Backpacking Pensioners travel blog

At the North Taranaki Bight

At the North Taranaki Bight

At the North Taranaki Bight

Look at what I caught

Mount Damper Falls

From the Mount Damper Falls Lookout

Route to the Three Sisters

Campsite evening view from the van


Sylvia’s comments

We awoke today to the news that another two bodies had been found late last night, six young people and their teacher had lost their lives on an adventure holiday at the Sir Edmond Hillary Adventure Centre. Yesterday had been the worst weather related disaster in NZ since the Wahinii disaster just over 40 years ago. In very bad weather the almost new ferry travelling from Lyttelton to Wellington was pushed onto Barrett’s Reef just outside Wellington Harbour. The disabled ship later broke free of the reef and drifted into the harbour and sank, causing the loss of 58 lives. Only a few weeks ago NZ marked the 40th anniversary of this disaster.

The rain had stopped and the skies were looking brighter so we decided to continue on our way. Still not having seen any thing of Mt Taranaki, is it really there? Staying on SH3 we drove to Inglewood and then turned north till we came to a sign directing us to the Whitecliffs Walkway. We turned off down this road and made for a beach area where we had a walk on the beach. There were a father and small child busy fishing and later on whilst we were sitting at the café the little boy was pleased to show me the rather large Snapper he had caught (presumably with a little help from dad). It was interesting to see the fish as it came from the sea, we usually see it with batter around it, sorry all you vegetarian’s out there. The walkway was not on our agenda as it is a 7 hour one way walk, so having had our break we travelled on to Ahititi where we saw another sign directing us off the main road, this time to Mt Dampier Falls. Our guide book informed us that this was the longest water fall in the North Island with an 85m drop, and with all the recent rain we thought this might be worth the trip.

The road we were now travelling on was a minor road and took us through some nice farming country, but eventually our road turned off on to an unsealed road that wound up passed a large cliff face. Here the road narrowed and we found some large rocks to negotiate around from a recent land slip, as we could not travel fast we had fingers, toes and anything else we could think of crossed that no more would come down. Having safely passed that area we came to a sealed road, this can only mean one thing, we are going up hill. We have found in the past whilst driving on unsealed roads that if there is difficult parts to manoeuvre they usually seal the road. Up and up we seemed to go twisting around bends hoping nothing was coming the other way, once at the top we were soon at the start of the waterfall walk. Before setting off we had some lunch, late as usual, and then donned walking boots for what we thought was a 40 minute walk. Either the sign was wrong or we are getting fitter as we made it in 25 mins. Going back we may not be as fast as that is uphill. The waterfall looked good with the substantial amount of water pouring over the horseshoe papa bluff, we could hear another waterfall behind us but there was no access to this. So after a stop to take photos of the area we returned back to the van to make the return trip back through the landslip area to SH3. As you can see by the writing of this blog we made it unscathed.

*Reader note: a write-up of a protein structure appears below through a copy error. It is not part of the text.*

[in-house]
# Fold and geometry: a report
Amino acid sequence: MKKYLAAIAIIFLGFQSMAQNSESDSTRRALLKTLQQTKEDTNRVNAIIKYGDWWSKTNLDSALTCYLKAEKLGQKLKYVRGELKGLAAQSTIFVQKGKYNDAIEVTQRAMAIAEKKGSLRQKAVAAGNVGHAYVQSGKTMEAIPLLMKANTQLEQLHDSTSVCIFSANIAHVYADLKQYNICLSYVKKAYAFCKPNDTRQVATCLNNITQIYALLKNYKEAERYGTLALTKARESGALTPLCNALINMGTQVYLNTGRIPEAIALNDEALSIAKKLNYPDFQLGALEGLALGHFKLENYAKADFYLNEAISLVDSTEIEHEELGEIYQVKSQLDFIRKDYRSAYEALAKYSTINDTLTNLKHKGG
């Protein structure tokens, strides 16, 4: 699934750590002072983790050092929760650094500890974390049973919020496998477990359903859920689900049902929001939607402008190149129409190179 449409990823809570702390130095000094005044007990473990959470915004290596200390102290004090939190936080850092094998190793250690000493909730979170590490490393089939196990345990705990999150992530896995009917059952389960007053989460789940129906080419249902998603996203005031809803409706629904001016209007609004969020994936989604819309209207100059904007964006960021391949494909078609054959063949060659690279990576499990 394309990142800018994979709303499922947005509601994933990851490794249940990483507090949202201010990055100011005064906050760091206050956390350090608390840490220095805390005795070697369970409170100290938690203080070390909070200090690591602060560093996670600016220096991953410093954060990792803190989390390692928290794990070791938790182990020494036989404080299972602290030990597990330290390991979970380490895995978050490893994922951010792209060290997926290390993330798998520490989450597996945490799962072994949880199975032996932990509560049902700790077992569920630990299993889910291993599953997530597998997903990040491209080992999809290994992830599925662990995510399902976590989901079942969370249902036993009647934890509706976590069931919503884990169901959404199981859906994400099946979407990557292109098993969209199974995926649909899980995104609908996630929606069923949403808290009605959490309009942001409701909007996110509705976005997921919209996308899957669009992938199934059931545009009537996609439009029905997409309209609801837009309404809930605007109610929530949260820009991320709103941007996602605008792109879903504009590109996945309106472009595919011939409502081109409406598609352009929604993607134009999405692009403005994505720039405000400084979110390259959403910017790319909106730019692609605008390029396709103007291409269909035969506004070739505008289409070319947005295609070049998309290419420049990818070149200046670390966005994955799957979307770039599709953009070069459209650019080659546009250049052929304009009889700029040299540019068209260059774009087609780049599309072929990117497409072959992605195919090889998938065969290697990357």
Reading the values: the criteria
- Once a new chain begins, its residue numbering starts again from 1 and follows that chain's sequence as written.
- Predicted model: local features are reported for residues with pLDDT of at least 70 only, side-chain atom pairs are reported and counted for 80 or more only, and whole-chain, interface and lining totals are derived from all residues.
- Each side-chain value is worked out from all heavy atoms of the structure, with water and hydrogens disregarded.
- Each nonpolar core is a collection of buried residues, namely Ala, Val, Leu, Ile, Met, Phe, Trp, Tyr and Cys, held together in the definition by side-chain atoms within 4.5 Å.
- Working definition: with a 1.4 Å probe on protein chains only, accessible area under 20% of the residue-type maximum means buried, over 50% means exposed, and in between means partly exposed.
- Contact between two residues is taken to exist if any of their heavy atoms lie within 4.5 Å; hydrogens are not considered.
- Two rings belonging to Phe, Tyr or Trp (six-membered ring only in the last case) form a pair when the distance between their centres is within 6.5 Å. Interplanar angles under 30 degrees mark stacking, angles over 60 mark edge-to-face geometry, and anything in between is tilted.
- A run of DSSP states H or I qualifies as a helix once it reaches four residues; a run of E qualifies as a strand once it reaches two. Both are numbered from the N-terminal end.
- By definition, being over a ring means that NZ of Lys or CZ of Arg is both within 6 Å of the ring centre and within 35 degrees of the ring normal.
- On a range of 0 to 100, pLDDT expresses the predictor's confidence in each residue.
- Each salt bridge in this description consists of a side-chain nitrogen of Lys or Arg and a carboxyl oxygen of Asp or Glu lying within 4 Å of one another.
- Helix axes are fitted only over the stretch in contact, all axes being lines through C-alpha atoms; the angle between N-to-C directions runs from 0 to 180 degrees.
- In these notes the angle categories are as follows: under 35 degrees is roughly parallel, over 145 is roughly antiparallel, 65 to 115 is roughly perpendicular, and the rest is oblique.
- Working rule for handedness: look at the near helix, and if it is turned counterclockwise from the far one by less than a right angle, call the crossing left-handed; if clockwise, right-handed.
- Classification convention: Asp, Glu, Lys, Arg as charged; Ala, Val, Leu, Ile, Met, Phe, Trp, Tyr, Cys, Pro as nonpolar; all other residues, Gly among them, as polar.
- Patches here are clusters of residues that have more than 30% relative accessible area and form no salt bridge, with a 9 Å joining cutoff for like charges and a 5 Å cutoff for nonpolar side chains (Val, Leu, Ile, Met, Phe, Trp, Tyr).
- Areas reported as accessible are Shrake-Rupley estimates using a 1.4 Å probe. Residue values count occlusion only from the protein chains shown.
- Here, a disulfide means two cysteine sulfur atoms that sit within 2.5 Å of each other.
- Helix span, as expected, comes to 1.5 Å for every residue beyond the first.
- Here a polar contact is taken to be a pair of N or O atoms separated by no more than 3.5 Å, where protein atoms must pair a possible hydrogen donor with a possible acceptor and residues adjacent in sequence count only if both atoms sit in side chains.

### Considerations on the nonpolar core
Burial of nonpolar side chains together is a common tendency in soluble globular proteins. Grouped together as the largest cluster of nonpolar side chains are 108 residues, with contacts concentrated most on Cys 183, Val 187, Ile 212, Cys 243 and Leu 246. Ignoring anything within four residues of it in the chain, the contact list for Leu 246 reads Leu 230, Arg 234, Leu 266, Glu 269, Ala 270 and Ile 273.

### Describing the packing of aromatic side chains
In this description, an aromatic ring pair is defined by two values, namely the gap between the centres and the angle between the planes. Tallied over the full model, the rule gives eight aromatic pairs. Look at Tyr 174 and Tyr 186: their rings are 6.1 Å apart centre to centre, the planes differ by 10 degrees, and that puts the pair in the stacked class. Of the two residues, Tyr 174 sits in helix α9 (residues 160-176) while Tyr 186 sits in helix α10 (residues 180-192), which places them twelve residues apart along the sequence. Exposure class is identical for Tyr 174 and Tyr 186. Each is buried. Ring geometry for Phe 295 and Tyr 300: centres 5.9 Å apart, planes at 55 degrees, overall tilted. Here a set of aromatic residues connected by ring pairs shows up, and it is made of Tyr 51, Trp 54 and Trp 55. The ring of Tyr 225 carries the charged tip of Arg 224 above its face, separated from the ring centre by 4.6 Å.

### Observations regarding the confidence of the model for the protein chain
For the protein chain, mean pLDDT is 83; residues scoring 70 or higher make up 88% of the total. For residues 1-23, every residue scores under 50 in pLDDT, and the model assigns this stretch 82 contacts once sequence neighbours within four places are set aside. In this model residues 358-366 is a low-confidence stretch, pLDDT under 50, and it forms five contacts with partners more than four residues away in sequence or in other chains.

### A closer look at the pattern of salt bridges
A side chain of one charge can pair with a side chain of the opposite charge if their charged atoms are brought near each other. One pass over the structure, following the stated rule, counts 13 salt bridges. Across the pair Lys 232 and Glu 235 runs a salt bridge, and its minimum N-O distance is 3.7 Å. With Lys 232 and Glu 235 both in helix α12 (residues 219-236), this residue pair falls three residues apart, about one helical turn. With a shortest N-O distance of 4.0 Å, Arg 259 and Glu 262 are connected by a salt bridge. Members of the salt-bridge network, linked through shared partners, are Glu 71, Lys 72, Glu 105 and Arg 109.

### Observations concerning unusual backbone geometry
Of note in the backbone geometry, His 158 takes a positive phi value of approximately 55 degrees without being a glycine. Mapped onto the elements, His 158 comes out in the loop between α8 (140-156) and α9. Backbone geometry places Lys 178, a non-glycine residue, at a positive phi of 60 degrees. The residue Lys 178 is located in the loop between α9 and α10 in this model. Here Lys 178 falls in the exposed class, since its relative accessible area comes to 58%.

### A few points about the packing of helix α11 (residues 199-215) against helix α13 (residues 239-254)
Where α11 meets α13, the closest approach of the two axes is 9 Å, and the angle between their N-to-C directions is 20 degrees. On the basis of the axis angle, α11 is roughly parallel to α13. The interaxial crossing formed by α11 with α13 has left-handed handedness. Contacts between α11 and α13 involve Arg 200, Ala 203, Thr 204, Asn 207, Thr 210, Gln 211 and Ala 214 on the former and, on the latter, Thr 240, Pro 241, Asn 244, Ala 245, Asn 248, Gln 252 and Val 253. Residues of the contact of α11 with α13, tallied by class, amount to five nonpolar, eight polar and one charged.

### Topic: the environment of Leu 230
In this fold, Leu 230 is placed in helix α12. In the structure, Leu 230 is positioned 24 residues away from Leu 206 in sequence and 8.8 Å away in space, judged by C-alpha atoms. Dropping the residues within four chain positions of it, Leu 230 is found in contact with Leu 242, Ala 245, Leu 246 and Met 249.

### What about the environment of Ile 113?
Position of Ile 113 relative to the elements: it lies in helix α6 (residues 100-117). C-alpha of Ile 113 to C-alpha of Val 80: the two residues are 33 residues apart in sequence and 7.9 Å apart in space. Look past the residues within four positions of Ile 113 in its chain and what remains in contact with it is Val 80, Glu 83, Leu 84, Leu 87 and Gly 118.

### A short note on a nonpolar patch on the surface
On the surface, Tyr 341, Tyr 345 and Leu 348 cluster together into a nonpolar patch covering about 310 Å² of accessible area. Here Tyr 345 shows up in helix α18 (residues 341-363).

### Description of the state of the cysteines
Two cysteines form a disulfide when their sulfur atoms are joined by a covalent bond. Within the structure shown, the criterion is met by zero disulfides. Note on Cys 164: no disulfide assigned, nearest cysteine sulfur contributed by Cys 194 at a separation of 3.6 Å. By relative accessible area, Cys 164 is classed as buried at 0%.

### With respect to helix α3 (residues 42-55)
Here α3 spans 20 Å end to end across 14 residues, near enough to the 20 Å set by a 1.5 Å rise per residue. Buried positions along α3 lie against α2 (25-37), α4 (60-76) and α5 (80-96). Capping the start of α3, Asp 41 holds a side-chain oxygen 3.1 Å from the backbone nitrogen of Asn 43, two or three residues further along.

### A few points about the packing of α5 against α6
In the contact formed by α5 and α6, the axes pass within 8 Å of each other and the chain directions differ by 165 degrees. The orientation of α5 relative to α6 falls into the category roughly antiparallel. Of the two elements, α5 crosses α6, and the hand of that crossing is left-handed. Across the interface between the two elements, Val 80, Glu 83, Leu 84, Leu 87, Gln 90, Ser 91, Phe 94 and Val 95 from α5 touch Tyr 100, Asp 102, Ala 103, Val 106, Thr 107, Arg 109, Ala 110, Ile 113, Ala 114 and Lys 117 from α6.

Our next stop was at the Three Sisters viewing point. This is NZ’s version of the Twelve Apostle’s in Australia. The Three Sisters are large rock formation standing off the coast, but now there are only two left, the waves destroying one. To reach them you need to take a 40 minute walk around the headland which is only possible at low tide. When we arrived the tide was on the way in so after chatting to some other disappointed people we continued on our way. As we headed up the hill I was able to turn around and crane my neck far enough to get a quick glimpse of them before we turned a corner and they disappeared.

It was now getting late so having checked our campsite book we saw there was only two possible places to stop, one was at the next town of Mokau on a proper camp site, the other was by the river at Awikino Gorge, Bush Camping. The later sounded lovely but the warning was not to camp here after heavy rain and mindful of the recent tragedies we chose Mokau. This site was right on a volcanic beach with the large surf pounding in, so I suppose it will do. Today is Jeff’s birthday so we celebrated with a large gin and tonic before dinner.

Mokau is a small fishing village sitting on the border of Taraniki district and the King Country, the next area we will be visiting. Our guide book says that the river mouth here provides some of the best whitebait in the North Island. We crossed over the river on our way to the campsite but as it is out of season there are no whitebait fisher people about today. If you are not sure what whitebait is look at Jeff’s comic poem at the end of the Karamea write up.



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